Injuries have played part in another frustrating season for Wolves’ Bennett

Timberwolves forward Anthony Bennett had eight points and four rebounds in 14 minutes Wednesday against the Raptors.

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MINNEAPOLIS — With three minutes to go in the first half Wednesday, Anthony Bennett slipped off a pick-and-roll screen, snared a well-timed pass from Zach LaVine in the left corner and flushed home one of those rim-rocking dunks Bennett made popular during the preseason. That earned a pat on the head from Timberwolves head coach and president Flip Saunders a couple moments later.

But at the next frame’s 5:35 mark, Bennett’s apparent attempt at throwing Justin Hamilton an alley-oop went so awry it ended up in the 10th row of Target Center seats. Saunders’ reaction this time: palms up, eyes popping, expression asking "what the heck was that?"

And then, sometime shortly after, the ankle that had kept Bennett out for 18 games started aching again. Saunders pulled him and said the second-year power forward might miss some more time after a three-game return.

One of those nights. That kind of year.

"A little," Bennett said sarcastically to a Canadian reporter inquiring about the Toronto native’s aggravation level this season. "It was definitely frustrating for me."

The sprained right ankle "AB" suffered Feb. 20 against Phoenix was just the latest of his problems. A season that was supposed to be resurgent after one of the worst-ever rookie campaigns by a No. 1 overall draft pick never quite left the runway, as Bennett struggled to play the necessary grinder’s game that would earn him Saunders’ favor.

When he has been healthy, Bennett’s averaged 5.2 points (4.2 last year in Cleveland), 3.7 rebounds (3.0), 0.8 assists (0.3), 0.4 steals (0.4) and 0.3 blocks (0.2) per game.

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And in three games back from his injury, he wasn’t even capable of mustering those numbers. Not with his ankle still bothering him, even before tweaking it again in Wednesday’s loss to the Raptors.

"He’s definitely not where we’d like him to be," Saunders said. "He’s struggling a little bit running, and I give him credit for playing with a bad ankle. He wasn’t able to push off and do the things that’d he would’ve liked to do."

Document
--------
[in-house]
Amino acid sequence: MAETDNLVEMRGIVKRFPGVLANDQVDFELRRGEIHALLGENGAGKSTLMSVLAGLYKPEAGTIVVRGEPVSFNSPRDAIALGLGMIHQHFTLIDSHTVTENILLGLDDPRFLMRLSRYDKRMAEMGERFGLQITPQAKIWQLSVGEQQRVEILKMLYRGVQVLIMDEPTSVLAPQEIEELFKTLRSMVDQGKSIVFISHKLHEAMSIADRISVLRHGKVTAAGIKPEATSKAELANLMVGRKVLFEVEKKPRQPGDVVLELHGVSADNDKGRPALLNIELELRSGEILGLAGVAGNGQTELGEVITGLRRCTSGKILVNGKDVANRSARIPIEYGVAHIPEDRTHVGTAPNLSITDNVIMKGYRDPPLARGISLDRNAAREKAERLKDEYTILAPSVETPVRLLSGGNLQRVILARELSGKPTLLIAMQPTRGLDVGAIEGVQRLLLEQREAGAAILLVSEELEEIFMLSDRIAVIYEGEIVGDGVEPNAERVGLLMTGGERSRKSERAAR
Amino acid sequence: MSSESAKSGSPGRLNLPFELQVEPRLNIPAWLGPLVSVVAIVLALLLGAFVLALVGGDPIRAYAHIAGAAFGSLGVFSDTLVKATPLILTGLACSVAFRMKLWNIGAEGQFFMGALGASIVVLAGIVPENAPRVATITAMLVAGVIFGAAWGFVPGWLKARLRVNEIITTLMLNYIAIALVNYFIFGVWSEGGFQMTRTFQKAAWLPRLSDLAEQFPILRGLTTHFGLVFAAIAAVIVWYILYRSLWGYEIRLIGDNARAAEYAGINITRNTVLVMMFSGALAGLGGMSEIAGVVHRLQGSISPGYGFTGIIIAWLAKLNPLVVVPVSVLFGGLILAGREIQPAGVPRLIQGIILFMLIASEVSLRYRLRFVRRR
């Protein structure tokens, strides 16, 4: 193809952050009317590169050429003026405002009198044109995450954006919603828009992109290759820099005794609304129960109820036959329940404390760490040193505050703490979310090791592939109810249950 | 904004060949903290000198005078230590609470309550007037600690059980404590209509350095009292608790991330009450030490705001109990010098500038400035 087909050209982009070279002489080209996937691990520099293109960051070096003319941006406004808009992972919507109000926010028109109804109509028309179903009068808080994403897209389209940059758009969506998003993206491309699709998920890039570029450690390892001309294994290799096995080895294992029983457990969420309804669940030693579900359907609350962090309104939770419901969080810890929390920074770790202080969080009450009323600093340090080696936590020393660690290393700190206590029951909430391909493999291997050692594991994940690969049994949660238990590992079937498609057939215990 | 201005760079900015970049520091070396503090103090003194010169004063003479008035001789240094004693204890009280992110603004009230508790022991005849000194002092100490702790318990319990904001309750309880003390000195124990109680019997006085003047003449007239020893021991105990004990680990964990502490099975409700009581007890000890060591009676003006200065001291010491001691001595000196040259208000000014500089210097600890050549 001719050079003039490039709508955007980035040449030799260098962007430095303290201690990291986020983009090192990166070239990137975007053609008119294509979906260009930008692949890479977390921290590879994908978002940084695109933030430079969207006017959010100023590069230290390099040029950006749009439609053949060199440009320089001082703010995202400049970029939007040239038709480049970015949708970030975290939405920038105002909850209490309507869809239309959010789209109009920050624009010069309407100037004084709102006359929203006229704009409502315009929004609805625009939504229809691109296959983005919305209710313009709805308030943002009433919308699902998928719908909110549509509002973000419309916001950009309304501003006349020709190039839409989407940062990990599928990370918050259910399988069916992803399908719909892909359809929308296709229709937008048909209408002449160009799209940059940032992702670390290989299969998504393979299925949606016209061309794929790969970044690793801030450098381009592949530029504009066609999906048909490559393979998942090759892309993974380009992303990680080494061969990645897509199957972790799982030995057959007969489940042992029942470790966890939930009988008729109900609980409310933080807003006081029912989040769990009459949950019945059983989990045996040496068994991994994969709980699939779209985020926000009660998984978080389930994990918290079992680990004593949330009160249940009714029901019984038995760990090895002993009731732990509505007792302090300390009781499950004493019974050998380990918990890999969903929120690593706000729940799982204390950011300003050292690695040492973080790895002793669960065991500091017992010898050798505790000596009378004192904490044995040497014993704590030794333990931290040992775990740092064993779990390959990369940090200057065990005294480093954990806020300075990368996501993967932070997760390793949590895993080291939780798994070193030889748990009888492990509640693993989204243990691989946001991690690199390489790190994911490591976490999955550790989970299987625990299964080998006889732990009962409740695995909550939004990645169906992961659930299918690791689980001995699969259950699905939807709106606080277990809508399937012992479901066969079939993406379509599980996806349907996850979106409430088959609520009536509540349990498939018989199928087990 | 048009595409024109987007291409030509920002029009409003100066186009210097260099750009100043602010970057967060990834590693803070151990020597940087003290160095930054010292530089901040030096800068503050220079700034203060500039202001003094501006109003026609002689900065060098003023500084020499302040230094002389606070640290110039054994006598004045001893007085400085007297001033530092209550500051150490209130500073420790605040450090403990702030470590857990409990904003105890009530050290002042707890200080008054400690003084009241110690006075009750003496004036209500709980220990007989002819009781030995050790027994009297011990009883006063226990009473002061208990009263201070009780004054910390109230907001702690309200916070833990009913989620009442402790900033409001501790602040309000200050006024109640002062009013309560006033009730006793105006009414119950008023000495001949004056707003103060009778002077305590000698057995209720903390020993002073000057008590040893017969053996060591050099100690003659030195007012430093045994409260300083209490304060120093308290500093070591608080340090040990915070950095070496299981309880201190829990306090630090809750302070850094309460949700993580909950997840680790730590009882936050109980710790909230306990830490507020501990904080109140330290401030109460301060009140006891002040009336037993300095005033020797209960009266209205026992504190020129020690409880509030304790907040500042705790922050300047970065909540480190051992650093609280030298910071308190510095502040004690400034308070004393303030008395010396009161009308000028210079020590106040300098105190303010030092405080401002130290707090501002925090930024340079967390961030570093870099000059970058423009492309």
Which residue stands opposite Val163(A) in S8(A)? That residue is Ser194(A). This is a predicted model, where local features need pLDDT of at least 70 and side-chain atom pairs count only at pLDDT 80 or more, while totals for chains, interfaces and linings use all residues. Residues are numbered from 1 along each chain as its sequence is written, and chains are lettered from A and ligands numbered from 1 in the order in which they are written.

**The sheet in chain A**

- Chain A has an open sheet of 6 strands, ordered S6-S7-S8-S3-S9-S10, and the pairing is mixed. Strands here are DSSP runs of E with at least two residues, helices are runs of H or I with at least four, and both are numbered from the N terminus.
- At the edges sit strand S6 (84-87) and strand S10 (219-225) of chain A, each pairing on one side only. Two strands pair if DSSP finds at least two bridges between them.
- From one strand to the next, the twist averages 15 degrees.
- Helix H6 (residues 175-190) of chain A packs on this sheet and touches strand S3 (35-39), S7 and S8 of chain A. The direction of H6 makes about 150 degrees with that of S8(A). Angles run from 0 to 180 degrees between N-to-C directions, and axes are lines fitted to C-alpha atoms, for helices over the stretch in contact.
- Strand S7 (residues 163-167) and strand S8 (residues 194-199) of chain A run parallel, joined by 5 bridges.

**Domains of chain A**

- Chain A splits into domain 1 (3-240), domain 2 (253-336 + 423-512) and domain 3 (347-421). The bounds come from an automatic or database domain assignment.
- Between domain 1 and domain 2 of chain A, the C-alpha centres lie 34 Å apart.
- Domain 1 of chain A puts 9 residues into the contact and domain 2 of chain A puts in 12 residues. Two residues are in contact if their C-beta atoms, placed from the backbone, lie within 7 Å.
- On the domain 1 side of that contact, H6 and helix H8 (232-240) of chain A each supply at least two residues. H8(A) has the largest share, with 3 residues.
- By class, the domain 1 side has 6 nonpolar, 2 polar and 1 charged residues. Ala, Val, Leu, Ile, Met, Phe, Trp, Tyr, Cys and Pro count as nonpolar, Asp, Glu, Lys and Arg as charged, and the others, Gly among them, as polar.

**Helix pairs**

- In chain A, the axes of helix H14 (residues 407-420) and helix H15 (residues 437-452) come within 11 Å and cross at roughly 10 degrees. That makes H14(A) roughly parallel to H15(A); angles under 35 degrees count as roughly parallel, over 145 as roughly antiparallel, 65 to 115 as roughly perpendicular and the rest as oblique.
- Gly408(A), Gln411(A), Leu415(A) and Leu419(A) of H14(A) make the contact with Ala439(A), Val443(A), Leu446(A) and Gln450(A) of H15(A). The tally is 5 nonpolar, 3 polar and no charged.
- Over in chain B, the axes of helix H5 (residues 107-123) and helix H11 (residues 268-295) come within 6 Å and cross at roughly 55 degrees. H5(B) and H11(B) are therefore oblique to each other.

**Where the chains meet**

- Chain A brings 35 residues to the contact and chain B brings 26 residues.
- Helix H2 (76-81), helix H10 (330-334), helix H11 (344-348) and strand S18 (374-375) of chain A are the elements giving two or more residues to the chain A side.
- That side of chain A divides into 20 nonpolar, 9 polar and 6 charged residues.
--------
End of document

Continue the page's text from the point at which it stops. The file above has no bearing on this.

All this for a guy who could’ve vied for the Wolves’ training camp MVP, if such an award existed on record. After coming to Minnesota in better shape and having dealt with some health issues — poor vision, sleep apnea and asthma, primarily — that plagued his rookie season, Bennett averaged 20.7 minutes, 10.8 points on 51.4 percent shooting and 6.5 rebounds per game.

But Bennett began the regular season as Thaddeus Young’s backup. When he did see the floor, Saunders noted a lack of defensive energy and a tendency to settle for ill-advised shot attempts.

Then, a day after the Wolves traded Young for Kevin Garnett — giving Bennett and rookie Adreian Payne a new chance to audition for more playing time — Bennett hurt his ankle.

Originally, he was supposed to be out for at least two weeks. He wound up missing five.

"It kind of was the trainers and coaches’ decision," said Bennett, one of nine Minnesota rotational players to miss significant time during an injury-throttled season that has seven games remaining. "I didn’t really feel ready with the two or three weeks that they told me, so I just kept on doing rehab."

With the way the Wolves’ injury report has read lately, he’ll be lucky if he makes it back into the lineup. In the three games he did, Bennett played less than 11 minutes per game — a test run on the ankle, really, and nothing more.

He’s not conditioned, Saunders said. Hasn’t been able to run in almost six weeks.

"It’s tough when you’re undermanned, and it’s tough when you’re getting guys back and they’re trying to play," Saunders said. "It’s tough when young players are trying to establish themselves."

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Focus around the Target Center is starting to shift toward the offseason, when Bennett plans to join Team Canada for Olympic qualifying and get some more "chameleon training" in with teammate Shabazz Muhammad and trainer Frank Matrisciano. He’s got three years left on his rookie contract, including a team option after next season and a qualifying offer in 2018-19.

Maybe Year 3 can be different. But Year 2 certainly hasn’t been.

"That’s the worst part of the game, is injuries," Bennett’s teammate and fellow Canadian Andrew Wiggins said, who came here with Bennett in the Kevin Love trade. "But I know he’s a tough guy, so I know he’ll come back as soon as he can."

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